looked down at the countertop, she wrinkled her nose. “The farmers should have been at
Manny glanced at the surface. Not a smear of juice or a stray seed in sight. “Okay.
Anything to get away. Leaving the rag on the counter, he fumbled with the knot
securing his apron. Sometimes her cleaning OCD set his teeth on edge. He resisted the
urge to touch the stoves and ovens, smearing them with his fingerprints as he passed.
Folding the fabric into a neat square, he set it on the table near the buffet separating the
He had to remember that. Besides, he had been a bit of a clean freak after his folks
had died. Especially after learning the Redaction virus had lived on surfaces for over a
week. Of course, the niños had cured him of that pretty quick. He couldn’t keep a clean
house with four young children underfoot.
Shaking off his thoughts, Manny followed the wall of ovens to the end. He
rounded the serving line and stepped into the dining area. Metal folding chairs and tables
filled the fifty-foot cavern. In the front, airplane wings had been welded together to form
a stage. Behind it hung a sheet of white canvas that acted as a screen for the projector
caged in a repurposed pet carrier hanging from the ceiling.
After he cleaned up tonight’s meal, he’d have to get rid of the tables for movie
time. He hoped the feature was something other than giant radioactive bugs. He could
do without the nightmares. Of course, only a few had thought to pack movies during the
evacuation and anything was better than cutesy cartoons.
Threading a path between the tables, he made his way to the shed tucked in the
back corner. Hammer indentations and soot marked where the soldiers had torn the plane
apart to be repurposed in the mines. He shivered in a draft. They were dead now. Many
dying on the job, leaving him to find them in the morning.
Sometimes, he could swear he heard them coughing. His arms twitched. He shook
them out. That was over and done now. The last one had died ten days ago. So why could
he see one propped in the corner or another sprawled across the threshold of the storage
Stop it! He liked his job. Liked cooking. Ghosts didn’t exist. He reached for the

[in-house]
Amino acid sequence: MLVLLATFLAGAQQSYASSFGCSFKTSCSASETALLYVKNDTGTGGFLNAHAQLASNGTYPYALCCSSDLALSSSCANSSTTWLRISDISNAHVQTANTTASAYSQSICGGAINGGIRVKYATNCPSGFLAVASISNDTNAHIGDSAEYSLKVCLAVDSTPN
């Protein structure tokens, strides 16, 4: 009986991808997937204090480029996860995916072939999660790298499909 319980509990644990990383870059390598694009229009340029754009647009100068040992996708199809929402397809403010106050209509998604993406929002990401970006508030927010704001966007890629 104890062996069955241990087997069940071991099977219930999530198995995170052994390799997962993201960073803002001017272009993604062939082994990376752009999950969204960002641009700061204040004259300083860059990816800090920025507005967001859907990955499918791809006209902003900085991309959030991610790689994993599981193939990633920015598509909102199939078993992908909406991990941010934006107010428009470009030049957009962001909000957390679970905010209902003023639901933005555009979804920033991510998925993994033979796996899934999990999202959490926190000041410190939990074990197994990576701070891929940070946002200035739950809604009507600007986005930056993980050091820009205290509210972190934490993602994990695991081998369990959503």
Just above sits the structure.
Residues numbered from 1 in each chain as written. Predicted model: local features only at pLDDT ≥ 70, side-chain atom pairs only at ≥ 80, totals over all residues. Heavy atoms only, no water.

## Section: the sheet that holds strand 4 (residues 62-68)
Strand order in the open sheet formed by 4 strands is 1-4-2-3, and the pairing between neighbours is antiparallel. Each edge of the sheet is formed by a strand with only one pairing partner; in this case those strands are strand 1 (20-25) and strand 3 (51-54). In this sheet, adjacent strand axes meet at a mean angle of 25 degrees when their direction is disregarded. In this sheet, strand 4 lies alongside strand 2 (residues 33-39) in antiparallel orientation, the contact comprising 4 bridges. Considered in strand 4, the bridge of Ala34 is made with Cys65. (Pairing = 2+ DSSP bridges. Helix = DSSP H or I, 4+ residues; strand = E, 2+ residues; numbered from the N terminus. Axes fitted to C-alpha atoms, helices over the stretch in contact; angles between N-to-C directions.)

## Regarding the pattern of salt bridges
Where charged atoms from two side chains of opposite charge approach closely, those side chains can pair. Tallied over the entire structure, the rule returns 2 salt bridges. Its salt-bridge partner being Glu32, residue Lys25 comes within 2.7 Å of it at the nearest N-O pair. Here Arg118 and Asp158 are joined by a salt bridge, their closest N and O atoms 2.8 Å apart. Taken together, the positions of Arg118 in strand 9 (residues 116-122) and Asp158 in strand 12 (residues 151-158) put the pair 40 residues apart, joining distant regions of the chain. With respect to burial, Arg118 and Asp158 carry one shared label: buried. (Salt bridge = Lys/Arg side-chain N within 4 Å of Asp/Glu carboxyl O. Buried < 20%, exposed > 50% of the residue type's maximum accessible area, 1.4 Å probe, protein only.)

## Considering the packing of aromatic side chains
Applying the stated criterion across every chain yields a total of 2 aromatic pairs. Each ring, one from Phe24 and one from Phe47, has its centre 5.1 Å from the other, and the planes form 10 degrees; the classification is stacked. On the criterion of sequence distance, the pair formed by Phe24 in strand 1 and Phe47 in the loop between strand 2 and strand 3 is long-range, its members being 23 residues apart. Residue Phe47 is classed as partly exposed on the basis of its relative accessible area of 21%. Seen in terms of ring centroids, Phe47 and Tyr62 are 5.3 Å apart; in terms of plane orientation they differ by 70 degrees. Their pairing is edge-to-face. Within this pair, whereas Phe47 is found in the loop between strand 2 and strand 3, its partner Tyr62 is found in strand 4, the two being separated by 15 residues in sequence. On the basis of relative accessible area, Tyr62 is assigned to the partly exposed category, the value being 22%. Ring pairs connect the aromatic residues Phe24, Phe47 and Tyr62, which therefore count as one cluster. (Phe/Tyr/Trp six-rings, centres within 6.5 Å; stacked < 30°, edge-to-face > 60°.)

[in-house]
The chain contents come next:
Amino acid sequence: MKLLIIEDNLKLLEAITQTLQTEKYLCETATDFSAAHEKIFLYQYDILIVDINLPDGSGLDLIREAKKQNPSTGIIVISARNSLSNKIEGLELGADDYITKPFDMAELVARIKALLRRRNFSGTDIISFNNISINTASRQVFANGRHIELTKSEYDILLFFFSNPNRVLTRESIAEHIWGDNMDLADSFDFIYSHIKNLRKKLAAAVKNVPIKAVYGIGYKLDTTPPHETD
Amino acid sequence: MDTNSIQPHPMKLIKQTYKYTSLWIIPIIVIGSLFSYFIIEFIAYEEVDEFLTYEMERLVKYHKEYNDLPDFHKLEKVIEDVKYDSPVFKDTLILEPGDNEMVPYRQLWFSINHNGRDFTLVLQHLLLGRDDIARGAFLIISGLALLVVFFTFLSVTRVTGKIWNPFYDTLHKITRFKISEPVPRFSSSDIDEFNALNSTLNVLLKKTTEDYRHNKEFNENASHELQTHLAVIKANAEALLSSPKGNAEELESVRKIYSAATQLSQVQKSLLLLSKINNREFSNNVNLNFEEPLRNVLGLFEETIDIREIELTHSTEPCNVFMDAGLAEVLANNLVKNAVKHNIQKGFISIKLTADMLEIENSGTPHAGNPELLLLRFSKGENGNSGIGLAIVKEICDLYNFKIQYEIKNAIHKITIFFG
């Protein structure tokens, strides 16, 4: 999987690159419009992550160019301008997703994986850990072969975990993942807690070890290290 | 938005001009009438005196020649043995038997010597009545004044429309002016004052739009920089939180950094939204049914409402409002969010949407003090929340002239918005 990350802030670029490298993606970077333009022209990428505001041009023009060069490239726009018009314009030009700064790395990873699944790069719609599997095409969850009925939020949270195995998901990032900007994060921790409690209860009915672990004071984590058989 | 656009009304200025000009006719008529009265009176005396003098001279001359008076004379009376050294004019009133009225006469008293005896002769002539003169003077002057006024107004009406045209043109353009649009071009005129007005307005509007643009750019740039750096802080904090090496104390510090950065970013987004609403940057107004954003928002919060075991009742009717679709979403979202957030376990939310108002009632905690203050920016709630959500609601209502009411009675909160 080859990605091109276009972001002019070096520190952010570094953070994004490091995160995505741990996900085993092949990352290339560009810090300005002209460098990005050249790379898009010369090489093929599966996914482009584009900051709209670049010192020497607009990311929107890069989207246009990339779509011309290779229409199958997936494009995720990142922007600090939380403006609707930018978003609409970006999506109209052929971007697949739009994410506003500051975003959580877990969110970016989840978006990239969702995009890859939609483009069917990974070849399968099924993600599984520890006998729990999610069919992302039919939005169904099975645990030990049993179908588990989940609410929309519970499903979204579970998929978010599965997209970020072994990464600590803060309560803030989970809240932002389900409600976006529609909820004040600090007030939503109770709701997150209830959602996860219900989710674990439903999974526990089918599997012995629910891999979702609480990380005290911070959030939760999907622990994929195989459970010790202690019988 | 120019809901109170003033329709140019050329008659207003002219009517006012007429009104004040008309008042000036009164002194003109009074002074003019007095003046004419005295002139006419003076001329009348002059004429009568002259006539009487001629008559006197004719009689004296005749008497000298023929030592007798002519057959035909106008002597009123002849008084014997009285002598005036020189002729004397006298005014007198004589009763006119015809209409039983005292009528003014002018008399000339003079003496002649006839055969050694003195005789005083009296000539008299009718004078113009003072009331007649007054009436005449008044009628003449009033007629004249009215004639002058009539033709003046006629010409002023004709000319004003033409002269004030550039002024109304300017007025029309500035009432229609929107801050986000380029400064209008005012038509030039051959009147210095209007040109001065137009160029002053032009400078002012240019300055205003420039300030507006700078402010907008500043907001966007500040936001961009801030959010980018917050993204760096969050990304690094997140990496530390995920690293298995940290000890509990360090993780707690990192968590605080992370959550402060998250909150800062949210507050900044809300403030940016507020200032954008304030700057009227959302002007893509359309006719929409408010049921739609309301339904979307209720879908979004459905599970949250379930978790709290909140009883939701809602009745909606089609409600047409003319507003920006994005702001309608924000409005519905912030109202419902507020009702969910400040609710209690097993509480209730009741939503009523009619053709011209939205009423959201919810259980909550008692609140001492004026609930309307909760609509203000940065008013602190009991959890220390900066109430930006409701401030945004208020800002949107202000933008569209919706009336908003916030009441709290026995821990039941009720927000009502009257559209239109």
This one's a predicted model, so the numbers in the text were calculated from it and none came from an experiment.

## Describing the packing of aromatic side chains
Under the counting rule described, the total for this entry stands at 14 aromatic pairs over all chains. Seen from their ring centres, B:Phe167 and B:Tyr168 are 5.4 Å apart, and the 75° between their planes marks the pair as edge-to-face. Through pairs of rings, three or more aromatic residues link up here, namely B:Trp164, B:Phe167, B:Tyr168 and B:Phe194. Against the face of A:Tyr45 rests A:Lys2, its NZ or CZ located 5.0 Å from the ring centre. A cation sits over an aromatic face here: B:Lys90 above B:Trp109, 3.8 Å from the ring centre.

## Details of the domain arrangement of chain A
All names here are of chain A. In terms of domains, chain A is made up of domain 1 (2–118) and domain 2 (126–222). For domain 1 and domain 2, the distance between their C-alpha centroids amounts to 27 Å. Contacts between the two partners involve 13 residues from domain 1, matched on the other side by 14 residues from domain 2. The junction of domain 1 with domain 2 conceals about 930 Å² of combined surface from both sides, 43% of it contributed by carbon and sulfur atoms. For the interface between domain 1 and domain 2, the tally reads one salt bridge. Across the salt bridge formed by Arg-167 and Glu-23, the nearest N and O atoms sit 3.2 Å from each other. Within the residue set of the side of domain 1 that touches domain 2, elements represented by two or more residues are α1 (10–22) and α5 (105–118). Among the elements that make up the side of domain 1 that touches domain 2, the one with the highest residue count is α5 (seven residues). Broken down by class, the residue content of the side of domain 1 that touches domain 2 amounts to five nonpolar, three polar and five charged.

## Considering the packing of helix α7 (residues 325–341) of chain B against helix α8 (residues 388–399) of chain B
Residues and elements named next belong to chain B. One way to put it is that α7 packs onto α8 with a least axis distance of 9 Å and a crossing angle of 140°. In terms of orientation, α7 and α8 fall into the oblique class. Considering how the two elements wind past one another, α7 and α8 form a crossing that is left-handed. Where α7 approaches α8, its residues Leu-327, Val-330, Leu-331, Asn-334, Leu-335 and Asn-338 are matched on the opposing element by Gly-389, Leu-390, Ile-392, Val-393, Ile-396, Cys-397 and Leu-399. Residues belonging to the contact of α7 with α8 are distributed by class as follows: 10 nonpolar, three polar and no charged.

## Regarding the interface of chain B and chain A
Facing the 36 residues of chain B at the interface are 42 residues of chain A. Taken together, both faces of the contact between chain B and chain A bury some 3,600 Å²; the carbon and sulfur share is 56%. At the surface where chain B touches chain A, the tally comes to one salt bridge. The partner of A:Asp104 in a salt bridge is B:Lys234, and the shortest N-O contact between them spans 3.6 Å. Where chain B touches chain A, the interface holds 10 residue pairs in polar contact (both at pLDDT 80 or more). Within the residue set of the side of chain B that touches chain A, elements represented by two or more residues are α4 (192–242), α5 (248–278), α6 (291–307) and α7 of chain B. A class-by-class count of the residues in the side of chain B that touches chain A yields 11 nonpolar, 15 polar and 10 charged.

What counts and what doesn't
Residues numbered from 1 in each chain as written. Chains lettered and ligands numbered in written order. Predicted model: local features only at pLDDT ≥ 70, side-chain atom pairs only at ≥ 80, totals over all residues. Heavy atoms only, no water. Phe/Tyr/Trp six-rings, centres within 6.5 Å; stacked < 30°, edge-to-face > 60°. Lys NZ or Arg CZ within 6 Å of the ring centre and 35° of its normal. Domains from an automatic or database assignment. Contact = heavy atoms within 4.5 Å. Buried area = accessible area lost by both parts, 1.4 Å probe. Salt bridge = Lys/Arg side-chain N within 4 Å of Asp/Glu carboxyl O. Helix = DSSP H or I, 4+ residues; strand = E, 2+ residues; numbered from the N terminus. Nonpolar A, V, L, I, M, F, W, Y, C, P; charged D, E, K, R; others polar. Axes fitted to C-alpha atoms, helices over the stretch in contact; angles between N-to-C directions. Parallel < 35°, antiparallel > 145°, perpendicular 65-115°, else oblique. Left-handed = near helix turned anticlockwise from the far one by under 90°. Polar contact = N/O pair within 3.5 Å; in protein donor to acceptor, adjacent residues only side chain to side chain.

lock on the airplane door and paused. The hasp wasn’t fully seated in the padlock. Holy
shit. Had he forgotten to lock it? Sweat bubbled on his upper lip. He glanced toward the
Bonnie couldn’t see him from the kitchen. But that didn’t mean she hadn’t checked
After the thefts of tomatoes and two cases of MREs, they’d been extra careful. He
twisted his wrist then lifted the lock free. Guess she hadn’t checked it this morning or she
would have reamed him a new one. She was more paranoid about the lock than he was.
Manny opened the door and reached around the metal wall. With a flick of a
switch, light flooded the ten-by-twenty-foot storage room. He scanned the nearly empty
room. Sitting by the door, tomatoes filled two fabric grocery bags. A stray leaf lay beside
them. Empty MRE boxes were stacked in neat towers by a galvanized conveyor table.
The rollers waited for potatoes and other goodies to come up the conveyor belt that
He grabbed the Geiger counter off its hook and switched it on. It blipped once then
remained silent. The lights flickered again. Bonnie really shouldn’t complain so much.
Everyone was doing his best. Sure, some did better than others, but most at least tried.
They all knew the stakes: Life or death.
The readout ticked up to seven as he walked deeper into the room. His heart leapt
with every beep. Still okay. It was in milli-something or other. And it took lots of milli-
He took another step, heading for the triple-paned windows separating the
storeroom from the lead-lined conveyor belt. The readout jumped a hundred.
What the fuck? He thumped it against the heel of his hand. It leapt another two
hundred. The hair on the back of his neck rose. Grit crunched under his heel. Had the
Manny glanced down, lowering the Geiger counter. The readout purred until it
reached one thousand seventy-two. His mouth dried.
Jesus! That would make him sick. He back-pedaled toward the door. His left foot
shot out from under him. His right knee buckled. He dropped to the floor in a half split.
Pain zipped up his thigh. His teeth clicked together, the impact traveled up his spine until
he felt sure his brain hit the top of his skull.
The Geiger counter slipped from his hand. The numbers continued to climb. Two
He had to get out of here. Now! His nails dug into stone, bent under his weight
and ripped. He ignored the burn and scrambled backward. The conveyor must have been
breached. Radiation was getting inside.
Flipping over, he sprang to his feet and jumped the two feet to the door. He swung
for the doorknob. Missed. The counter continued to spiral higher, deleting days of his life
with each tick. He tried for the handle again.
Over the panic drumming in his ear, he heard the window to the conveyor slide open. He turned.
His fingers closed around the knob just as a hand reached through the opening.